It’s all about the dead trees here at chez static this morning. First, I want to point some of y’all to a great book I picked up yesterday: Dreaming in Code: Two Dozen Programmers, Three Years, 4,732 Bugs, and One Quest for Transcendent Software. Written by one of the founders of Salon, it chronicles the attempts of a software legend to create something new, all the while trying to answer the question, “Why is making software so hard?”
As a programmer, I’ve certainly experienced ‘dreaming in code’ – being submerged so thoroughly in a project that I’ve literally dreamed about the actual, physical source code, character after character appearing as though being typed into an editor. I also have the pleasure of being involved in a project about which I am passionate, and over which I have a large degree of creative control – an opportunity to make a ‘dream’ tangible, ‘word made flesh’ as it were. It’s quite a high, and like most intoxicants, potentially addictive; I don’t think I could return to the grey, soul-sucking world of business development. As you can probably imagine, I’m not having much difficulty relating to this book.
It’s a pretty easy read, particularly if you’re already conversant in software; I bought it yesterday, and I’m about half-way through it already. An interview with the author, Scott Rosenberg, may be found (on Salon, of course) here; yeah, yeah, yeah; just watch the damn ad. I don’t think it will provide any definitive answers to the ‘why is it hard?’ question, but it will certainly provide a lot of food for thought for programmers, technical managers, and anyone else interested in some of the meta questions surrounding software.
On a semi-related note, I read a review on Wired this morning about China Miéville’s latest book, Un Lun Dun:
[Un Lun Dun] follows a young girl’s quest to save a creepy parallel-universe London. And for Miéville, best known for a steampunk trilogy full of superhot, beetle-headed women and nightmare-eating monsters, it’s a new direction. He’s written something that kids, especially young girls, will devour.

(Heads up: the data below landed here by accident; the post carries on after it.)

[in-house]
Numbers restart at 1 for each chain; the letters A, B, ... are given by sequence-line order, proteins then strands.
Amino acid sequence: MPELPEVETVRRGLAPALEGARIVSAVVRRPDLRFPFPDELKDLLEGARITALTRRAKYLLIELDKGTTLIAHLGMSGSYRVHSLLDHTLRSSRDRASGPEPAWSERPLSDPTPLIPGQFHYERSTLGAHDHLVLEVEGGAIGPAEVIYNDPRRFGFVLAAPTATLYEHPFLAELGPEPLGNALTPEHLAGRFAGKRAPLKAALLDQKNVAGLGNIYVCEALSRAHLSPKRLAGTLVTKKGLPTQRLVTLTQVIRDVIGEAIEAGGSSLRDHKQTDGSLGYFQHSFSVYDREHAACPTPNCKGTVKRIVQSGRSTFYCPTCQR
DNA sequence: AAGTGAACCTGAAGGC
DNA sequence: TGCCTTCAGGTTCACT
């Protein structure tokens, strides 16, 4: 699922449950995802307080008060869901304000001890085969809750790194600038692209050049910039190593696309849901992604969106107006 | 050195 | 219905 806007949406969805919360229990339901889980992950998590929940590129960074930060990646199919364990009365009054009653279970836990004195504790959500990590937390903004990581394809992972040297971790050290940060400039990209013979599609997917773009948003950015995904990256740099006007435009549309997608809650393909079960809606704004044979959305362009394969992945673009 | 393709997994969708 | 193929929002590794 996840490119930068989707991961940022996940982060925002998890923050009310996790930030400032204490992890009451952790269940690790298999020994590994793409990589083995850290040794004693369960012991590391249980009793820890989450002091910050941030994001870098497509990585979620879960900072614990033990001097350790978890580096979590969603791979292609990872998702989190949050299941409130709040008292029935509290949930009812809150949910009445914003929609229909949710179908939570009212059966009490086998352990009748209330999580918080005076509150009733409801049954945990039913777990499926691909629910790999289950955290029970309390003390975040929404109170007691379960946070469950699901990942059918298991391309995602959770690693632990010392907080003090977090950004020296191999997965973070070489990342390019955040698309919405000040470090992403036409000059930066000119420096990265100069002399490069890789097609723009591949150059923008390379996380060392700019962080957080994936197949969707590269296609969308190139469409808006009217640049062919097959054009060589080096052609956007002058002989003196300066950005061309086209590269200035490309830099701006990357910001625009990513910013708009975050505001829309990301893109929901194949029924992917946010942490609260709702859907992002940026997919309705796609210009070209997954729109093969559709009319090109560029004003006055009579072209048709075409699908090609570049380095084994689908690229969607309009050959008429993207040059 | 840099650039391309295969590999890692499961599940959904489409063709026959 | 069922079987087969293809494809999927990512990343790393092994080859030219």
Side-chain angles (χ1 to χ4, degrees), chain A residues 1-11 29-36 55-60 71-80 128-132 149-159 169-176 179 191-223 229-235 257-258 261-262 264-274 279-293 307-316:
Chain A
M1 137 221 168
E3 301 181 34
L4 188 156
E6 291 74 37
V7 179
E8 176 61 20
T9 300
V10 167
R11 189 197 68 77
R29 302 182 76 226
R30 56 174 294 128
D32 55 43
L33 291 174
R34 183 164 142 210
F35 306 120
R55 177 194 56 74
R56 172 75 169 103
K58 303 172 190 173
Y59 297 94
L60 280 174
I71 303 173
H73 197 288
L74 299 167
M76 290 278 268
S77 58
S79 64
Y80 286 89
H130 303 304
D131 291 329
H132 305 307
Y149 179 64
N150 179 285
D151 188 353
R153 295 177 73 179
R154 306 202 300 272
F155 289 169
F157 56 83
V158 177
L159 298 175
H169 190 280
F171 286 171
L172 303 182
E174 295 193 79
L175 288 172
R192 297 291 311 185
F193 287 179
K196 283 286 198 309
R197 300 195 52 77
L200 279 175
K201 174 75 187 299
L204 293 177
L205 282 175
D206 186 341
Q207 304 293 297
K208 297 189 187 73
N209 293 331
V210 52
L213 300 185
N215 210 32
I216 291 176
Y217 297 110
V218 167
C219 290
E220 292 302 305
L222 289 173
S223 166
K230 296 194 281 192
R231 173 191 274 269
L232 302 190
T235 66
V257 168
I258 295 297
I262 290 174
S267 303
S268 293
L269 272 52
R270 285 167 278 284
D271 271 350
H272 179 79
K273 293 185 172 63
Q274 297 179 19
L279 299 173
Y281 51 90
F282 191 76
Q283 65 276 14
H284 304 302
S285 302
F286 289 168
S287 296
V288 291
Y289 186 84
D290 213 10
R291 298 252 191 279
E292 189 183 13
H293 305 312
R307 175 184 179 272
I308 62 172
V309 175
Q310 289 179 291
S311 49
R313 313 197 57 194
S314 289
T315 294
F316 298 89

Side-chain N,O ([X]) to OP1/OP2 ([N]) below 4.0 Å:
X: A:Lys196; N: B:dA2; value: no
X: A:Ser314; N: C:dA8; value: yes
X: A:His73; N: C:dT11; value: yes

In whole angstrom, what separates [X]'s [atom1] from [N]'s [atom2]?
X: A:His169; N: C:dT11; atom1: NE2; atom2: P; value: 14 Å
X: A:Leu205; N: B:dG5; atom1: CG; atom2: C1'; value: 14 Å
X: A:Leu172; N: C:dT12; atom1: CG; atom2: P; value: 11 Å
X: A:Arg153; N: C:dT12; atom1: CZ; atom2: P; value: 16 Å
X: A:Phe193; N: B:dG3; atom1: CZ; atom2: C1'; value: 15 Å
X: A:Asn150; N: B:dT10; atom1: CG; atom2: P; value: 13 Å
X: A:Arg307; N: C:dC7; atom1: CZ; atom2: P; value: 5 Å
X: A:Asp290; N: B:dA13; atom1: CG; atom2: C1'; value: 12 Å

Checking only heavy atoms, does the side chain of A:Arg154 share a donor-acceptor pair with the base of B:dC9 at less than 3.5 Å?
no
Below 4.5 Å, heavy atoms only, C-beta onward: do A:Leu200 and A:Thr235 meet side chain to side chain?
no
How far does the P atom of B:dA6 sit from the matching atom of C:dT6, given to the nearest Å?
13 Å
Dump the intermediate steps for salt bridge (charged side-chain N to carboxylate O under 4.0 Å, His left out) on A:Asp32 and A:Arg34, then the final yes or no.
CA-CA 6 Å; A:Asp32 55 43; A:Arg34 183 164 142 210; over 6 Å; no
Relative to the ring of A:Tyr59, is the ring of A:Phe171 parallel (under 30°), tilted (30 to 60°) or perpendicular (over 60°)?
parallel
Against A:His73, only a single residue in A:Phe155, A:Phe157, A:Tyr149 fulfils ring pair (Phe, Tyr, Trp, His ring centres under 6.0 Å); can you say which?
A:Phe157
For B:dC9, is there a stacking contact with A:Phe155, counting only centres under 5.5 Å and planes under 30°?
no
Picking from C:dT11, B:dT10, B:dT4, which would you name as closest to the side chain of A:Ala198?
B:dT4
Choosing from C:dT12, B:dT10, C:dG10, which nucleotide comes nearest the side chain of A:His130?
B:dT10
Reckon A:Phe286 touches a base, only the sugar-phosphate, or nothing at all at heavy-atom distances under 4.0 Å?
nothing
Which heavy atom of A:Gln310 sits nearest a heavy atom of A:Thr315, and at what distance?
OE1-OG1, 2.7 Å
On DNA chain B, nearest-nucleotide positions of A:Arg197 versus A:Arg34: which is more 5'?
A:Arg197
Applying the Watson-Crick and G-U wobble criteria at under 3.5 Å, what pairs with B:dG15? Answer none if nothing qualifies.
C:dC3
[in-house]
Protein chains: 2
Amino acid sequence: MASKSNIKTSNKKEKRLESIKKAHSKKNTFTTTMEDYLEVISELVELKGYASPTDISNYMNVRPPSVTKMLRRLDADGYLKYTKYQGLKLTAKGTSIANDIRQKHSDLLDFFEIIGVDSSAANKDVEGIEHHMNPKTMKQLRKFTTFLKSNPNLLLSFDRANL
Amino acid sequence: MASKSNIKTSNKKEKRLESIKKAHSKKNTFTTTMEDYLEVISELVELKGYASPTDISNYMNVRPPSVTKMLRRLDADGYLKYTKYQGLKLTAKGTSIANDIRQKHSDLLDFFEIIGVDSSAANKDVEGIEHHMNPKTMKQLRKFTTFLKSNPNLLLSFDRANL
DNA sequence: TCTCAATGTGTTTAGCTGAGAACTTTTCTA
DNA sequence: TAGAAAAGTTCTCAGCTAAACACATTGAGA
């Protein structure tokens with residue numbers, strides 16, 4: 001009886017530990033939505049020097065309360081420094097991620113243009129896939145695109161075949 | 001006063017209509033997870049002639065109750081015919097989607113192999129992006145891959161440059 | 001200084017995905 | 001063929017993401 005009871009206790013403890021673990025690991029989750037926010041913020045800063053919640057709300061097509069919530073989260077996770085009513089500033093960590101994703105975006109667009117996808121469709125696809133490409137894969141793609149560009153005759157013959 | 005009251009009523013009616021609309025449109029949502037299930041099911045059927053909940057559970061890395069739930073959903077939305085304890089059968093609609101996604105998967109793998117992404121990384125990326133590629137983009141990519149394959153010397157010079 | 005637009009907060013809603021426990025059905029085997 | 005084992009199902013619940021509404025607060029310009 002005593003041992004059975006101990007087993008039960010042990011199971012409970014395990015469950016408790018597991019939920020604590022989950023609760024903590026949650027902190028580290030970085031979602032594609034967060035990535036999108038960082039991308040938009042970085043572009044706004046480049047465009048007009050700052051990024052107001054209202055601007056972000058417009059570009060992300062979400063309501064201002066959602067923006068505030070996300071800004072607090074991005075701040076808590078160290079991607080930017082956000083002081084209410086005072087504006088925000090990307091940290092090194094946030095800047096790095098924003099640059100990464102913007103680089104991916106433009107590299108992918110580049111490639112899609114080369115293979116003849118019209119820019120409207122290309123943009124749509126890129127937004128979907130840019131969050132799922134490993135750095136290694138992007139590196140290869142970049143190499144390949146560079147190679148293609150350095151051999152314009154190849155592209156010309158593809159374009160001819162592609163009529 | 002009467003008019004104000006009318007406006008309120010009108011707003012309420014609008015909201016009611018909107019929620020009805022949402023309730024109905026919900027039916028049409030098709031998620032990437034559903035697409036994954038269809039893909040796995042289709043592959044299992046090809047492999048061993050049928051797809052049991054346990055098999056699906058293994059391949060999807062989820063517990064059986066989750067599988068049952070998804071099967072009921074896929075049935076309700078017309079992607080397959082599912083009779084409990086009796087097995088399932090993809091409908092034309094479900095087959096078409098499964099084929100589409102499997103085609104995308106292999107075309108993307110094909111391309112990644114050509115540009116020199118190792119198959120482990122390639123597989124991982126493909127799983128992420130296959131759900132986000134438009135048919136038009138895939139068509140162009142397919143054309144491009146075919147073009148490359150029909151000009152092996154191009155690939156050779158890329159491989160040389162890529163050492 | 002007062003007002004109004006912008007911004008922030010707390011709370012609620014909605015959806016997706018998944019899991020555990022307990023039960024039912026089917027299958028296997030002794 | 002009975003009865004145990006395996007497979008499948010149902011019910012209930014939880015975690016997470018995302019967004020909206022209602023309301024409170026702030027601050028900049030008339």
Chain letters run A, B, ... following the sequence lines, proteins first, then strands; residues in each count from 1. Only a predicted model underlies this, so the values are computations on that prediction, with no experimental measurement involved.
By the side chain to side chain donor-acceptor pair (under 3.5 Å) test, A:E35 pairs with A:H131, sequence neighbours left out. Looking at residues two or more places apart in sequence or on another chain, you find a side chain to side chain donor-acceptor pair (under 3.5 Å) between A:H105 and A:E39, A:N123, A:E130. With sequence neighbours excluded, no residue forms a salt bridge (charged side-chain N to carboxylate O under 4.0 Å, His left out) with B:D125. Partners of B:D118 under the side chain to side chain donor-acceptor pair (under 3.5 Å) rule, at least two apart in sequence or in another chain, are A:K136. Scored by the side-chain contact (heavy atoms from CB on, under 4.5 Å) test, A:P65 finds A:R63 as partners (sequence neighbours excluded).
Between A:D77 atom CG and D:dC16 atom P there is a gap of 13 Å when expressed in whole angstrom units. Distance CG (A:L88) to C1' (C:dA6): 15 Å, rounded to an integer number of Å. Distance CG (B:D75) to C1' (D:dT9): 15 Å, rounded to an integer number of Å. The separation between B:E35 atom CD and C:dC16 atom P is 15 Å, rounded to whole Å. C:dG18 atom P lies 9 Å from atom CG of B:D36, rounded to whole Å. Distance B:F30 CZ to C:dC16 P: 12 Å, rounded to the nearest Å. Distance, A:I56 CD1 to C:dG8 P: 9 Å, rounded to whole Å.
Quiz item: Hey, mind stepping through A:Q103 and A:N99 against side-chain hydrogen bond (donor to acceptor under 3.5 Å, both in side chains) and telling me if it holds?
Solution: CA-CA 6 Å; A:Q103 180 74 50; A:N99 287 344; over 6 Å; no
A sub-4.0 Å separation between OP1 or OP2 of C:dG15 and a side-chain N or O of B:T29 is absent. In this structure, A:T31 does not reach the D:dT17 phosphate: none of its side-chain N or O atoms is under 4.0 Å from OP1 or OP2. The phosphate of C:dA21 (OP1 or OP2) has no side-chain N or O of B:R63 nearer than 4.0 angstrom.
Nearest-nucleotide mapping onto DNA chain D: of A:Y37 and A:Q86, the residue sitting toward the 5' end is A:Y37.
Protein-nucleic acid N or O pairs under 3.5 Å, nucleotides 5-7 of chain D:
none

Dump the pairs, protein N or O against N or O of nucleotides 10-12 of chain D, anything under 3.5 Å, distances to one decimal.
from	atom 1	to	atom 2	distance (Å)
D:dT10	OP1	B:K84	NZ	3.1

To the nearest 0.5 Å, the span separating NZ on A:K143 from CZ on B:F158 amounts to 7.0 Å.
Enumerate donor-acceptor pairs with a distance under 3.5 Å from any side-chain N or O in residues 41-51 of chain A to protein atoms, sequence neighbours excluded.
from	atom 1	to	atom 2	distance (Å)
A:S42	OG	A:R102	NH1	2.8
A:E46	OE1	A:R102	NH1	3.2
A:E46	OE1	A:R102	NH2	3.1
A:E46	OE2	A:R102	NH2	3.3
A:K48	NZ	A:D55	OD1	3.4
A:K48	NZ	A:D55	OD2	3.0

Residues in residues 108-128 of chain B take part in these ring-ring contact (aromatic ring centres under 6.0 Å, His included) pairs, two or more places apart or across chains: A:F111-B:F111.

Un Lun Dun isn’t perfect; it often mistakes wordplay for imagery and feels a little pat. But give it to a kid (and borrow it when they’re done). It just might help them grow up into the kind of nerd we need a lot more of — one who thinks they can save the world with sheer ingenuity.
We haven’t had a whole lot of trouble introducing The Boy to fantasy – but I’ve been hard-pressed to think of appropriate ‘gateway drug’ books for science fiction. As the review linked above mentions, most science fiction that’s out there is a ‘lousy gateway drug’ – most of it is written for those who already have a taste for it. In my own experience, fantasy and horror came first, with science fiction filtering in later. I may have to leaf through this one and see if it’s something that would be appropriate for The Boy.
(For those of you who aren’t familiar with the source of the title, it’s Groucho Marx: “Outside of a dog, a book is man’s best friend; inside of a dog, it’s too dark to read.” But I’m pretty sure most of y’all already knew that ;-))